Not everybody thinks like you, Justin

Pragmatism is a good principle to follow when looking at religion and charity. Like most things, decisions should be made by examining the benefits versus the potential downsides.

It seems that the Liberal Government of Canada cannot find a reason to be “liberal” on the issue of personal belief. Liberalism is supposed to be based on the idea of liberty, and liberty can only work in a free and open society.

It is ironic that the Liberal Party of Canada today is called “liberal” at all. As expressed by their “liberal” leader, their current ideology is more of a form of soft socialism. It requires conformity of opinion or risk being called hateful, Islamaphobic, or bigoted. It does not trust personal choice or believe people should hold views that are adverse to “Justin’s” determined standard.

We have seen this with motions such as M-103: a non-binding motion introduced by Iqra Khalid, a Liberal MP representing Mississauga-Erin Mills, that called for Parliament to condemn Islamophobia in Canada and for the House of Commons Standing Committee on Canadian Heritage to carry out a study on how racism and religious discrimination can be reduced and collect data on hate crimes. The divisive motion passed by a vote of 201–91 on March 23, 2017. It was contentious because, as many MPs pointed out, according to the most current and reliable statistics, Canada’s Jewish community faced the most hate crimes in Canada in 2015, with 469 recorded for their overall population of just over 300,000 people. In the same year (2015), there were 159 hate crimes against Muslims, whose overall population in Canada is just over 900,000.

The idea that Liberal MPs want to have a special category to highlight hate against one religion (Muslims) and suggest that hatred against them is somehow more intolerable or more important to address than hatred over another religion or group is absurd. Hate is hate. The law and any new legislation should be consistent and provide the same protection against hate for any minority community.

Then there is C-16: a federal bill passed in June 2017 that prohibits discrimination based on gender identity or expression that condemns personal views and behaviours that might be deemed hateful if directed at religions or transgender people.

While I have no love for hateful people and believe all people of faith have the same rights as any Canadian citizen, I also think that no religion in Canada should be above criticism when questions arise about legitimate issues that put some of their beliefs in conflict with Canadian laws and values.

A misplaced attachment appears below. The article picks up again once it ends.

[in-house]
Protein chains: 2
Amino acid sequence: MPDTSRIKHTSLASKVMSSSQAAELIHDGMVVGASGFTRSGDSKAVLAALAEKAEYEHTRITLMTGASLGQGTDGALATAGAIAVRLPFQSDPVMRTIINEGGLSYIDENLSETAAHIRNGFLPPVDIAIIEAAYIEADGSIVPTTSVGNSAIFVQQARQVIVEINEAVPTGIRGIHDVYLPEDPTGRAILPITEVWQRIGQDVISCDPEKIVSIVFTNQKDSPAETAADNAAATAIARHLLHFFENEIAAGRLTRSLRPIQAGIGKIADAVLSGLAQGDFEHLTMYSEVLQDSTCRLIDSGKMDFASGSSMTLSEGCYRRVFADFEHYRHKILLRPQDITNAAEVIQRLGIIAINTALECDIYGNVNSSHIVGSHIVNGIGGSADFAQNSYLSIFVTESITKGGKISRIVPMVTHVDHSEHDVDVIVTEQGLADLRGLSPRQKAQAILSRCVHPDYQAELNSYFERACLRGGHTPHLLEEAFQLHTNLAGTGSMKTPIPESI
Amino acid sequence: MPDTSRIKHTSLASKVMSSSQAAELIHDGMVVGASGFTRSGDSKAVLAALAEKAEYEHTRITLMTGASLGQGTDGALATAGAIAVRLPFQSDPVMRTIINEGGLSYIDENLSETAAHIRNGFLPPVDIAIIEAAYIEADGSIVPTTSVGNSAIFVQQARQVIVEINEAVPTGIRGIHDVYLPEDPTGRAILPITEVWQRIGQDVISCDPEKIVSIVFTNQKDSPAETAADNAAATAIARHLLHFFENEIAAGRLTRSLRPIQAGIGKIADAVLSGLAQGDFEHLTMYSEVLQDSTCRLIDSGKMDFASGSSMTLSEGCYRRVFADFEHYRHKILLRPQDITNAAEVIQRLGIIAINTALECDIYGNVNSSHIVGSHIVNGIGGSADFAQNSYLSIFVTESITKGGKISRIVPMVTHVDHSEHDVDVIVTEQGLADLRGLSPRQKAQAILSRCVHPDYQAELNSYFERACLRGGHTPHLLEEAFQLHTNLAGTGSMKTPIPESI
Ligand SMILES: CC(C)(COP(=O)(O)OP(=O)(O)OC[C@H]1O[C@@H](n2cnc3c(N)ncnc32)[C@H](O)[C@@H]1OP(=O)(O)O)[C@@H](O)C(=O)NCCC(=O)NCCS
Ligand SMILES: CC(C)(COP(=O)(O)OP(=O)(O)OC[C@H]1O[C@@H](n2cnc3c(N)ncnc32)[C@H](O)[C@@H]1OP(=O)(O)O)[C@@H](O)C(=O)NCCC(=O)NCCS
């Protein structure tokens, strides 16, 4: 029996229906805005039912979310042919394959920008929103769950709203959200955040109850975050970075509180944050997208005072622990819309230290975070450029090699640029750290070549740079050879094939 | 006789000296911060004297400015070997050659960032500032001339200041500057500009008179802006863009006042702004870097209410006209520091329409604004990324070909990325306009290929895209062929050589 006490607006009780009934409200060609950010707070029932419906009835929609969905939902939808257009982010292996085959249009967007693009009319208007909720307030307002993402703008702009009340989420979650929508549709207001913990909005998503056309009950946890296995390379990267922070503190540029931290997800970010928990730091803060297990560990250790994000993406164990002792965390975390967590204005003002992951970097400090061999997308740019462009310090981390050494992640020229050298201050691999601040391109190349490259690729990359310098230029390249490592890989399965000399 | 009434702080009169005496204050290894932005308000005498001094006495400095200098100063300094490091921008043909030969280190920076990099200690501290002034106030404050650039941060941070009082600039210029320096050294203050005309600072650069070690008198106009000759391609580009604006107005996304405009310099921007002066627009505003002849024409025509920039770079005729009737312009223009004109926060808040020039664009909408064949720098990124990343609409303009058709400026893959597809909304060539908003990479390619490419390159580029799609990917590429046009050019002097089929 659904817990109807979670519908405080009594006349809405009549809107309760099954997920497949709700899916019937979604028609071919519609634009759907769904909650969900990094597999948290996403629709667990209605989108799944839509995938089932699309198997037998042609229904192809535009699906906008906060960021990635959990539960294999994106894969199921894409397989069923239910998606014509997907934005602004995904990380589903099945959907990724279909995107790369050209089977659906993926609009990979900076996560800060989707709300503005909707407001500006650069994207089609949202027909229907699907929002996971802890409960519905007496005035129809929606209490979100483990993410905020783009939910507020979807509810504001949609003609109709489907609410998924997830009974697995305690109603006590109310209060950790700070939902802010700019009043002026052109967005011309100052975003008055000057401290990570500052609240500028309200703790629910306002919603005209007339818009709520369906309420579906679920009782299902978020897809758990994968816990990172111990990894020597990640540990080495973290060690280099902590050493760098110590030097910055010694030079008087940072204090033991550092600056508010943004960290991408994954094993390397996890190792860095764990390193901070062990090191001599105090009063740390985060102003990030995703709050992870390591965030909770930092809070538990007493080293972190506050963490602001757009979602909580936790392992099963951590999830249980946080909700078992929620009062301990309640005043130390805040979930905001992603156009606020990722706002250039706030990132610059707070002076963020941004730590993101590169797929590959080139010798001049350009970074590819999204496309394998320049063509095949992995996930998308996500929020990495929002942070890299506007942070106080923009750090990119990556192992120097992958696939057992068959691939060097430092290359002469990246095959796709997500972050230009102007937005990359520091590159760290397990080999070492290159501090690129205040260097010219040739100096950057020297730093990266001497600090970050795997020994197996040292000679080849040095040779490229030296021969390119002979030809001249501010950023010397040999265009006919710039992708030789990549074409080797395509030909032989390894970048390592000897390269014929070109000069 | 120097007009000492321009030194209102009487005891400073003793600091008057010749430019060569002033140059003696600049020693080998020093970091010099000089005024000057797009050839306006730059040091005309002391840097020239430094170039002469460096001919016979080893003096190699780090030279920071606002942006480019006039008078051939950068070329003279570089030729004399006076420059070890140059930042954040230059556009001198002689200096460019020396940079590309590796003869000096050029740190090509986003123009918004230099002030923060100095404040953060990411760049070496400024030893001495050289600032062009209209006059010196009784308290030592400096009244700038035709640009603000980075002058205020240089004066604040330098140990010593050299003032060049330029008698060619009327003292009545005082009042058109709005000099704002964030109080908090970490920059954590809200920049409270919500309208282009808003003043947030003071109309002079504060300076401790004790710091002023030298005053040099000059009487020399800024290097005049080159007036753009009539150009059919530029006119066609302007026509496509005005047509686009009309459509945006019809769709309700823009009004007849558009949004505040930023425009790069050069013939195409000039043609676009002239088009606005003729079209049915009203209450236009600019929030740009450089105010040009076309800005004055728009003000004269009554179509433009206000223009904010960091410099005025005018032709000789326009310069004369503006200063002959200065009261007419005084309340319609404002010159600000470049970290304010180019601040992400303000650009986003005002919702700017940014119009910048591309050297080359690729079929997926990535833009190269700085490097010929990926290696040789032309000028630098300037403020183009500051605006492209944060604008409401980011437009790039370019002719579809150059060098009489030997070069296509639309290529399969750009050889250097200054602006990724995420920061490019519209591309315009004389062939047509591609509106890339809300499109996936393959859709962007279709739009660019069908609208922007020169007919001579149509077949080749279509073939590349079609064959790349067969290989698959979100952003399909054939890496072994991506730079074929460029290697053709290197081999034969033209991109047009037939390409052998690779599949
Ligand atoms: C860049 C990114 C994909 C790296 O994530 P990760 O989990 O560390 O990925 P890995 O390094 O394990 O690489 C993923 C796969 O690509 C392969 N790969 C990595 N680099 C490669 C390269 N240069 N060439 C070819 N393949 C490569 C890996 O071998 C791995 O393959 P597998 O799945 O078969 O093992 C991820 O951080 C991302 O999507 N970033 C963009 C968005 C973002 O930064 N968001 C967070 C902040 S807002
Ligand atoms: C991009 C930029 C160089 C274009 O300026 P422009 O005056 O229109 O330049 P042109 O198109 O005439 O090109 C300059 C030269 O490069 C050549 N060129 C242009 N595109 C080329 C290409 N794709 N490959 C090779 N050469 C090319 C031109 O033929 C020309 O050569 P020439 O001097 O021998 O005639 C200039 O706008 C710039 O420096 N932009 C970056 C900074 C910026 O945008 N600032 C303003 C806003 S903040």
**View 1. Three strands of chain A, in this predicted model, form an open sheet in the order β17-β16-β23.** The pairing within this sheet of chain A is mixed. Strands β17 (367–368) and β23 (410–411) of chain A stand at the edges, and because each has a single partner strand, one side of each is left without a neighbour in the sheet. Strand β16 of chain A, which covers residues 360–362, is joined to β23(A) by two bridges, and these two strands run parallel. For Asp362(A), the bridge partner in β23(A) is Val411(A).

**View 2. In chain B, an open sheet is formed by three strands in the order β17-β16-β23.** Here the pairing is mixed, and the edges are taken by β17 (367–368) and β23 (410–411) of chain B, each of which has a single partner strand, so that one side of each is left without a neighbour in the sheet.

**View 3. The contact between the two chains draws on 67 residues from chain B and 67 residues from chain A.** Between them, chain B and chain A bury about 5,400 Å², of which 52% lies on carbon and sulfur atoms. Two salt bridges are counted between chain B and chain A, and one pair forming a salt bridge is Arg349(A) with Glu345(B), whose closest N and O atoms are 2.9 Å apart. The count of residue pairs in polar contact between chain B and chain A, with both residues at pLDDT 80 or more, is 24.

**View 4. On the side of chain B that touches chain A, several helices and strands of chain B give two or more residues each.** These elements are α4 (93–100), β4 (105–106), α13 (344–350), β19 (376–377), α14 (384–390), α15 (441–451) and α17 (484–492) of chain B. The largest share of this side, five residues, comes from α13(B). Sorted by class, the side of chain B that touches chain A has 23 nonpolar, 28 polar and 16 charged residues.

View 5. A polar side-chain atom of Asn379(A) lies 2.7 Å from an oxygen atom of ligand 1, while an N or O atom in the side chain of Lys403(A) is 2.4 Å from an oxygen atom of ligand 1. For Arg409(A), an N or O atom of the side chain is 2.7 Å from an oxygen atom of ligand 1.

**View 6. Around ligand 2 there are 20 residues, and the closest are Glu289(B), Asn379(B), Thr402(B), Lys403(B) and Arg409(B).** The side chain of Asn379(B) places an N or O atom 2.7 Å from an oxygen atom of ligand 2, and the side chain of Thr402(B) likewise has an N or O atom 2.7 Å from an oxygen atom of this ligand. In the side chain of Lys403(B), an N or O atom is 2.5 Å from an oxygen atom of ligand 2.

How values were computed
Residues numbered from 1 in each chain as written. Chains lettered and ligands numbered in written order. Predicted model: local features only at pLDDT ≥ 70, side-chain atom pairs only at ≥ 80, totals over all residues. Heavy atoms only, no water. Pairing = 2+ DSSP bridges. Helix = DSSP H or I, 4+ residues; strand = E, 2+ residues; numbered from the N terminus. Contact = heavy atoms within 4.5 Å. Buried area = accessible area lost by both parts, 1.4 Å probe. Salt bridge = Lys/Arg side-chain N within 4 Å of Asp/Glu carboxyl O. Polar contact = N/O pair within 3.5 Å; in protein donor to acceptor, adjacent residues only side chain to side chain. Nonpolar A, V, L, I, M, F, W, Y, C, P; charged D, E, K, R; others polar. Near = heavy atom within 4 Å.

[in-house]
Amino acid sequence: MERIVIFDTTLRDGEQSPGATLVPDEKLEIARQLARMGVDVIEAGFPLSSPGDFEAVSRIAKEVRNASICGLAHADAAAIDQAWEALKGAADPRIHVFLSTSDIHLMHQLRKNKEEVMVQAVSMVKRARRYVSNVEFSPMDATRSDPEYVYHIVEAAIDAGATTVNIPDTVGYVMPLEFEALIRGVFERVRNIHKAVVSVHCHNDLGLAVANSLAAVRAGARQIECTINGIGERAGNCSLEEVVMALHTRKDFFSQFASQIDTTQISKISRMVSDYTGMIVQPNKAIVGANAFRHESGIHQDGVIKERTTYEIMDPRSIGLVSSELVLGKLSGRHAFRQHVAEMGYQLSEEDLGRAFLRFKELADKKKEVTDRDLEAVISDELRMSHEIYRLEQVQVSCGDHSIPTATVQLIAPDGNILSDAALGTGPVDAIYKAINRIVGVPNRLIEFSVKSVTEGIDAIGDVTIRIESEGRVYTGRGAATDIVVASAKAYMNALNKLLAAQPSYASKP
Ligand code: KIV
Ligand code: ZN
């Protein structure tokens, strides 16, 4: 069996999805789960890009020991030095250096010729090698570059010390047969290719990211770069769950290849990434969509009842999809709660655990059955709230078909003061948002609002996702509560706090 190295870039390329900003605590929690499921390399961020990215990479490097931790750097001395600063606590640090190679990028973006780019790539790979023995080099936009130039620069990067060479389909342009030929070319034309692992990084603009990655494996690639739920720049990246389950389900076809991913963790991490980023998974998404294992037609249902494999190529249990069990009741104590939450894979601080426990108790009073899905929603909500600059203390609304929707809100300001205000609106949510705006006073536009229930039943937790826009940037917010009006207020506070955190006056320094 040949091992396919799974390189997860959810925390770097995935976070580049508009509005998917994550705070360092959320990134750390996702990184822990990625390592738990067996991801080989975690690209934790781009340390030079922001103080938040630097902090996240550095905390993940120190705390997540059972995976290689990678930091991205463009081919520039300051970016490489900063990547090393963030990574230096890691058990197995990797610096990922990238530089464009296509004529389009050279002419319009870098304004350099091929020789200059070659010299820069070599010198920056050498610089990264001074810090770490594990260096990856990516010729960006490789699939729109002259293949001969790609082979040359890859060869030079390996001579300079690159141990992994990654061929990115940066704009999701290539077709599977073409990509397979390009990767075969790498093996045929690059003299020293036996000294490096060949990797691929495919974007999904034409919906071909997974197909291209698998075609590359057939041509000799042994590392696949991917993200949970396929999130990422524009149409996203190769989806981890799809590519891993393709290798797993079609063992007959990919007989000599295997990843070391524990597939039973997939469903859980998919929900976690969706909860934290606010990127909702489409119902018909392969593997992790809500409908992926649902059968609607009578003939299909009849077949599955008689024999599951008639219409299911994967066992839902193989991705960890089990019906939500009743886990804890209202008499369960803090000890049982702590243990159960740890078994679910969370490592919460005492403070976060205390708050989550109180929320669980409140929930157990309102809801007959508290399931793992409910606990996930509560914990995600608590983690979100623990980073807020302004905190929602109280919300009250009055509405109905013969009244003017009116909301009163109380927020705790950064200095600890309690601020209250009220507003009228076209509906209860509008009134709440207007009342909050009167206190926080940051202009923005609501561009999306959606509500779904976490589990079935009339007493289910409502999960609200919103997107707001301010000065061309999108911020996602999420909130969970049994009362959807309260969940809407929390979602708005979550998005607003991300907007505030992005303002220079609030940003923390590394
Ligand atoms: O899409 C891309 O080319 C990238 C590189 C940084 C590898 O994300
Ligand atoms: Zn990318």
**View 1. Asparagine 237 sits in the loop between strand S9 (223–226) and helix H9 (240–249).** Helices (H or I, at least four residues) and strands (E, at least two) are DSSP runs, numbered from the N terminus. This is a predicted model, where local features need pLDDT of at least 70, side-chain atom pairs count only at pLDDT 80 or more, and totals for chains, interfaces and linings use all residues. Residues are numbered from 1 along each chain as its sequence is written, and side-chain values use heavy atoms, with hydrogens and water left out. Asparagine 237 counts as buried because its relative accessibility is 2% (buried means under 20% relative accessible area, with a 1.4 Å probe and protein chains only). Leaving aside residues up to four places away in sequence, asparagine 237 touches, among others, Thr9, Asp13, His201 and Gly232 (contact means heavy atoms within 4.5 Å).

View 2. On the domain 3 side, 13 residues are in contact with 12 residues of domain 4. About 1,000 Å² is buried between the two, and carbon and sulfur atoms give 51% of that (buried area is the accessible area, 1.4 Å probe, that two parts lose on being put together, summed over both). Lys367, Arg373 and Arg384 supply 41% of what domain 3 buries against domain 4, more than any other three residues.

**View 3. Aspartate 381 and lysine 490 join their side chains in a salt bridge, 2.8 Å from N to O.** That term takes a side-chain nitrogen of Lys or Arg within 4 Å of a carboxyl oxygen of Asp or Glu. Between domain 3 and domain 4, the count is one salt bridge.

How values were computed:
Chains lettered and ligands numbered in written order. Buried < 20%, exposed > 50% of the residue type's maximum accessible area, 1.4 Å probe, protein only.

For example, I find it ironic that Prime Minister Trudeau said nothing when his Immigration Minister, Ahmed Hussen, appeared before a Parliamentary committee in December 2017 and refused to answer very legitimate questions put forward by Conservative M.P. Michelle Rempel, who wanted to know why the Minister Hussen was apparently looking to remove the horrendous and criminal practice of female genital mutilation from the Canada citizenship guide. Instead of condemning the practice as criminal, Hussen responded that his department officials were consulting on the practice and, when pressed, refused to condemn it as a criminal practice, saying that his officials “are consulting stakeholders and experts” on the practice.  

In what can only be described as a weird Kafkaesque moment, Rempel then asked Ms. Marta Morgan, the Deputy Minister (DM) of Immigration, Refugees and Citizenship about the practice. Her shocking response was: “We are in the active process of consulting on the document,” referring to the citizenship guide and female genital mutilation. Note that it is “Ms.” Morgan.  

There is a problem if the most senior female Deputy Minister in government thinks it is okay to consult on this repulsive practice rather than condemn it outright. There is nothing to consult about when it comes to mutilating young teenage girls. As a society, we have the right to demand this ritual not occur in Canada. Why would senior officials want to consult and study the issue? It’s a no-brainer. You can’t do that here.

It is strangely ironic that the current government policy is to consult on the issue of female genital mutilation, while at the same time they are using government programs to target and penalize religions that are pro-life? Why is the Prime Minister looking to cut the summer job grants for religious organizations that are pro-life? This is a preposterous assault on charity in Canada. Would he cut the funding to mosques that support female genital mutilation? I don’t think so.

However, far more importantly, many organizations with pro-life views like The Salvation Army and others undertake extraordinary charitable work. They are involved in feeding and housing the homeless, responding to community disasters such as fires, running youth groups for children in troubled areas, and sponsoring Syrian and other refugees who often arrive in Canada with nothing. Like The Salvation Army, many of these charities rely on young interns. I recall when my sisters attended one of their summer camps nearly a decade ago, which employed dozens of students as counselors and mentors. My sisters are not religious, but the SA needed counselors, and my sisters participated and had no issues with the Salvation Army. They do far more good work in the community than harm. Religious groups and charities have the right to determine their own moral views. 

Not everyone thinks or believes as you do, Justin. You should take a pragmatic approach and reject this misguided and wrong idea before it causes a severe employment problem for charities whose primary goal is to help people.